The length of the day is not the only reason summers are hot and winters cold. Another is the elevation of the Sun above the horizon. When the Sun is near the horizon, not only are the shadows which it casts stretched to greater length, so is its illumination. Any beam of sunlight then spreads out along a greater distance on the ground, diluting the heat given to any area. The noontime Sun in winter is low in the sky, and its heating is less pronounced, while the summer Sun can be almost overhead, heating the ground much more effectively. This is further discussed in the chapter “The Angle of the Sun's Rays".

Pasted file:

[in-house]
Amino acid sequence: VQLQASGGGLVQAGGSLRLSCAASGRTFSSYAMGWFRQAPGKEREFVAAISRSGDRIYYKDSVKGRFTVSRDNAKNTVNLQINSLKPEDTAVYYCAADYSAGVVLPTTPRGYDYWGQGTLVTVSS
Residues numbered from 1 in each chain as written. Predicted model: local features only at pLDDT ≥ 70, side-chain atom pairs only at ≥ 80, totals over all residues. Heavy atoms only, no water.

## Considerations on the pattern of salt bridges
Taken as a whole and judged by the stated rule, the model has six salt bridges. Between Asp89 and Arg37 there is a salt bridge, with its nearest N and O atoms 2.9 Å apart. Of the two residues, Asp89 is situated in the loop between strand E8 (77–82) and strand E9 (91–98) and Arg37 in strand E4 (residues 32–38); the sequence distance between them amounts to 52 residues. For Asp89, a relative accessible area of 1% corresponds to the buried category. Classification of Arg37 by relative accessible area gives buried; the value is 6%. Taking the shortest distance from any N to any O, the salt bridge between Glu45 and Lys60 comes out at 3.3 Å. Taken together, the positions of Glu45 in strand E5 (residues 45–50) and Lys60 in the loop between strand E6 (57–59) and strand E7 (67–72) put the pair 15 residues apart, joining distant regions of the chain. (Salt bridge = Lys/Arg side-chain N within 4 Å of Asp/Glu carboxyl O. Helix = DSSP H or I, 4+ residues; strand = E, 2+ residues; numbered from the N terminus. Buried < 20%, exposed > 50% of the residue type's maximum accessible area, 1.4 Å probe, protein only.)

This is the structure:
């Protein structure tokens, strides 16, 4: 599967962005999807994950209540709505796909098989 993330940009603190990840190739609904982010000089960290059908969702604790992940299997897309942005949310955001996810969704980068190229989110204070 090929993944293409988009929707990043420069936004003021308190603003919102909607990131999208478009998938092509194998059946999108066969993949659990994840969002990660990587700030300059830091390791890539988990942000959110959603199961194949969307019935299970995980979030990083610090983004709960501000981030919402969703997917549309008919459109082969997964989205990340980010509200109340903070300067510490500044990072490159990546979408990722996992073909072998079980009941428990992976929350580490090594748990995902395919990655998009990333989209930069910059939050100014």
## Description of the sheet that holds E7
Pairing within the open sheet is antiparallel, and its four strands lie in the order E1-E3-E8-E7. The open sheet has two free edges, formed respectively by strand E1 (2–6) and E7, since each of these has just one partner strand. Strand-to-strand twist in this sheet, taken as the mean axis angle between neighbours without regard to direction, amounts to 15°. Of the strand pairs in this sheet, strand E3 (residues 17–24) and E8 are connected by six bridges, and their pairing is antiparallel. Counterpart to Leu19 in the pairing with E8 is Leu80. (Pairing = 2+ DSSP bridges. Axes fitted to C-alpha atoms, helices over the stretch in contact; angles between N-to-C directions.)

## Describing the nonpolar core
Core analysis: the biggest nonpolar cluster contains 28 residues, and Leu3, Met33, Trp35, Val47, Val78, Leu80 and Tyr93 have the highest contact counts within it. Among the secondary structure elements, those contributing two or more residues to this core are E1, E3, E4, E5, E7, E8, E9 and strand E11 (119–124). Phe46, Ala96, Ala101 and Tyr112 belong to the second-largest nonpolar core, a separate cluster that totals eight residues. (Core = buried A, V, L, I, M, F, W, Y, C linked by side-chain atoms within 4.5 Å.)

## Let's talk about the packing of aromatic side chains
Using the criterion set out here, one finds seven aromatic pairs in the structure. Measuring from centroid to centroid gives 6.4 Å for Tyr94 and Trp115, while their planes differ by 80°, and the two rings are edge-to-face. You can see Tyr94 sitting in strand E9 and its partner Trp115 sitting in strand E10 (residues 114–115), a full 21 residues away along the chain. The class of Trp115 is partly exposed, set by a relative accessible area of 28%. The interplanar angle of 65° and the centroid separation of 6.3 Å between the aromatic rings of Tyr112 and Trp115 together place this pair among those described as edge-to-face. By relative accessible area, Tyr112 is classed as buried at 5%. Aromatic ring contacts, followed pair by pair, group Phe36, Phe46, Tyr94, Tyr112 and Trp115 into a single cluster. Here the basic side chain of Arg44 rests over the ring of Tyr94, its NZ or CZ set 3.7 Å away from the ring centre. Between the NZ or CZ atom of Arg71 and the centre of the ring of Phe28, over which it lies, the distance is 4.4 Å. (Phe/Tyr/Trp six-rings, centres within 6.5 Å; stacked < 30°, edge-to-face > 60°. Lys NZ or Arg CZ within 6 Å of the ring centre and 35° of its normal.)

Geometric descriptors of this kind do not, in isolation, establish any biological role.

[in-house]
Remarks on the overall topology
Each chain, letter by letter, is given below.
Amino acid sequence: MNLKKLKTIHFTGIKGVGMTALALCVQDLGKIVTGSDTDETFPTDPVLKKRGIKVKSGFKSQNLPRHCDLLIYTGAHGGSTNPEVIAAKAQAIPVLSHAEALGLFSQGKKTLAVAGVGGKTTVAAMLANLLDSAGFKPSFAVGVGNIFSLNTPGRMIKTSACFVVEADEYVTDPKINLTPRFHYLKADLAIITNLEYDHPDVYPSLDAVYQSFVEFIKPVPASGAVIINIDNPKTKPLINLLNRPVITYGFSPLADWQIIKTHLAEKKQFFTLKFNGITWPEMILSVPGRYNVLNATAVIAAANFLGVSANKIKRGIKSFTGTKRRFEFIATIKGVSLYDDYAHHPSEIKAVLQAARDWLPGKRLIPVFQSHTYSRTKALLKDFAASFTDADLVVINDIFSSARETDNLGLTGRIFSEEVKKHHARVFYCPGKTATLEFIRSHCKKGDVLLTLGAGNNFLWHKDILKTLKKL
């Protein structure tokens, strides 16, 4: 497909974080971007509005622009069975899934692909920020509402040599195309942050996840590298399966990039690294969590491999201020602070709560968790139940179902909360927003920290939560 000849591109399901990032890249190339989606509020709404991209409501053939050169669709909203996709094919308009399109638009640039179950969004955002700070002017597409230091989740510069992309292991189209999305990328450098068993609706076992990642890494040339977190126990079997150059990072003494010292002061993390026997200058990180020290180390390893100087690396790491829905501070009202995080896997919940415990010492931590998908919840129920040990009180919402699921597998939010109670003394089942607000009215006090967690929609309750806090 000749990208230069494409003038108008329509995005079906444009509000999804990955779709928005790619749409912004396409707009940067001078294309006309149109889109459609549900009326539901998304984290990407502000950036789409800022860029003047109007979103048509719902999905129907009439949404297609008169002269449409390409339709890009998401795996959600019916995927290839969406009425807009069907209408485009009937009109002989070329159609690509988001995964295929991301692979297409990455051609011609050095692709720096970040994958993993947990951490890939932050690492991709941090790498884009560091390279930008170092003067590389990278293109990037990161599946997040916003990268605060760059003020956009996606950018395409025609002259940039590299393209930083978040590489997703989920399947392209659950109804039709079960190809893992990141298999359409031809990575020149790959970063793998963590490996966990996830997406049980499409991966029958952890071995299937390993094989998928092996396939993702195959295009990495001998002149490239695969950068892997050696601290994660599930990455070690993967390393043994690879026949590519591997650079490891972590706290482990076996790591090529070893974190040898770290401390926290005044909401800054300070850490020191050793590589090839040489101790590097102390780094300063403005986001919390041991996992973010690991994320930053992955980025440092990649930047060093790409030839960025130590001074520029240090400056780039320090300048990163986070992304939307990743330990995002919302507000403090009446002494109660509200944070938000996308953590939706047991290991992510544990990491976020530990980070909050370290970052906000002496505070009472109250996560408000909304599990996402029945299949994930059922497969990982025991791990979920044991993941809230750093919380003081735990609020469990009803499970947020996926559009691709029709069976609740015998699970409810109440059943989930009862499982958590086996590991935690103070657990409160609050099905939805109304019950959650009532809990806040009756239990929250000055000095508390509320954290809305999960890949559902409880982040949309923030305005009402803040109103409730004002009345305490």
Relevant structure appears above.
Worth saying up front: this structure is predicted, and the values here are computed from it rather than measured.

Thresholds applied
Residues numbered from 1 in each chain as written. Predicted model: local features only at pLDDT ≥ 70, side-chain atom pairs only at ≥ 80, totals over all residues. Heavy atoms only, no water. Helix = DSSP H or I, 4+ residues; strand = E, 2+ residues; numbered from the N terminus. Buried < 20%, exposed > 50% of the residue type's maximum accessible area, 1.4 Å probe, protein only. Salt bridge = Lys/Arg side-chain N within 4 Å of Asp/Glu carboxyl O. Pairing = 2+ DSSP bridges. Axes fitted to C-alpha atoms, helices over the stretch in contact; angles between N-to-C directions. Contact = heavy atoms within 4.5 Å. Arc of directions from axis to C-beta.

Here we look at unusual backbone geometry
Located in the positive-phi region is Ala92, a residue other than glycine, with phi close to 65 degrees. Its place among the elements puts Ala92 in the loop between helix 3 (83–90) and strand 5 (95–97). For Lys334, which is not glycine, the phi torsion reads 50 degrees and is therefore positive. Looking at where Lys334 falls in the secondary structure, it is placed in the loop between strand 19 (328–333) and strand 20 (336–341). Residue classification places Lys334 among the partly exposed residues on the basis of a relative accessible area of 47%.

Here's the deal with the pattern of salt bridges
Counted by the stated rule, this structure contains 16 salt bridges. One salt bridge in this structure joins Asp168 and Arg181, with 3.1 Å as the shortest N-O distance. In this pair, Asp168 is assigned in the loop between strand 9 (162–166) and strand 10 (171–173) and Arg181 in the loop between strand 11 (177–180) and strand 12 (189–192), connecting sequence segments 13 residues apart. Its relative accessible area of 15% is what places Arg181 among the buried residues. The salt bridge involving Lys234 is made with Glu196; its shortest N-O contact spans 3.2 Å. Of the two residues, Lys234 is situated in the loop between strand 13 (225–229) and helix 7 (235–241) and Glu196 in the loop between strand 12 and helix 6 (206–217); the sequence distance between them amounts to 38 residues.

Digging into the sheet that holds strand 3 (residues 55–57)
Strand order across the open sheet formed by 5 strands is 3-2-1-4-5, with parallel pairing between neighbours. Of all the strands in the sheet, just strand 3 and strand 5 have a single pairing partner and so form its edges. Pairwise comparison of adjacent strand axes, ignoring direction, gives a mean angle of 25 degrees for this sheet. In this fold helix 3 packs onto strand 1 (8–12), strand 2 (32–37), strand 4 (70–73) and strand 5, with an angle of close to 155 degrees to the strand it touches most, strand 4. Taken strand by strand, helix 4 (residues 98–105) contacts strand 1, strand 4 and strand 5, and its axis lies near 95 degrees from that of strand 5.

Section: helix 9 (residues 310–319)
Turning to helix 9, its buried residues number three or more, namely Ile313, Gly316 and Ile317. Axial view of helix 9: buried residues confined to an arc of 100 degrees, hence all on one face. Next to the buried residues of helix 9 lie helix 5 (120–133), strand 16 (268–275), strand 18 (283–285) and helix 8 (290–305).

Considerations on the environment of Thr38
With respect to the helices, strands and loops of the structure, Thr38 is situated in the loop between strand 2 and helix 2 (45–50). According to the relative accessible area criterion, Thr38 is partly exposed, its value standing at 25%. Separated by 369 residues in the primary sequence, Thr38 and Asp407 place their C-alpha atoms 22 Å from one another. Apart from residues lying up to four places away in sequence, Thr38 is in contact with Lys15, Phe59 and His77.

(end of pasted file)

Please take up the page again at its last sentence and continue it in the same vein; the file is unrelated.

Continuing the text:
Babylonian priests, who tracked these regular changes of sunrise and sunset, soon realized that they provided an accurate way of measuring the passage of the seasons. They counted the days between solstices and equinoxes, and from this the first calendar was born. That was a great help to farmers, telling them when to prepare for sowing, when to expect seasonal rain, and in Egypt, when to expect the annual flood of the river Nile, which replenished the land. As will be described in the chapter “The Calendar", other cultures also had their stargazers and developed calendars of their own, probably in much the same way.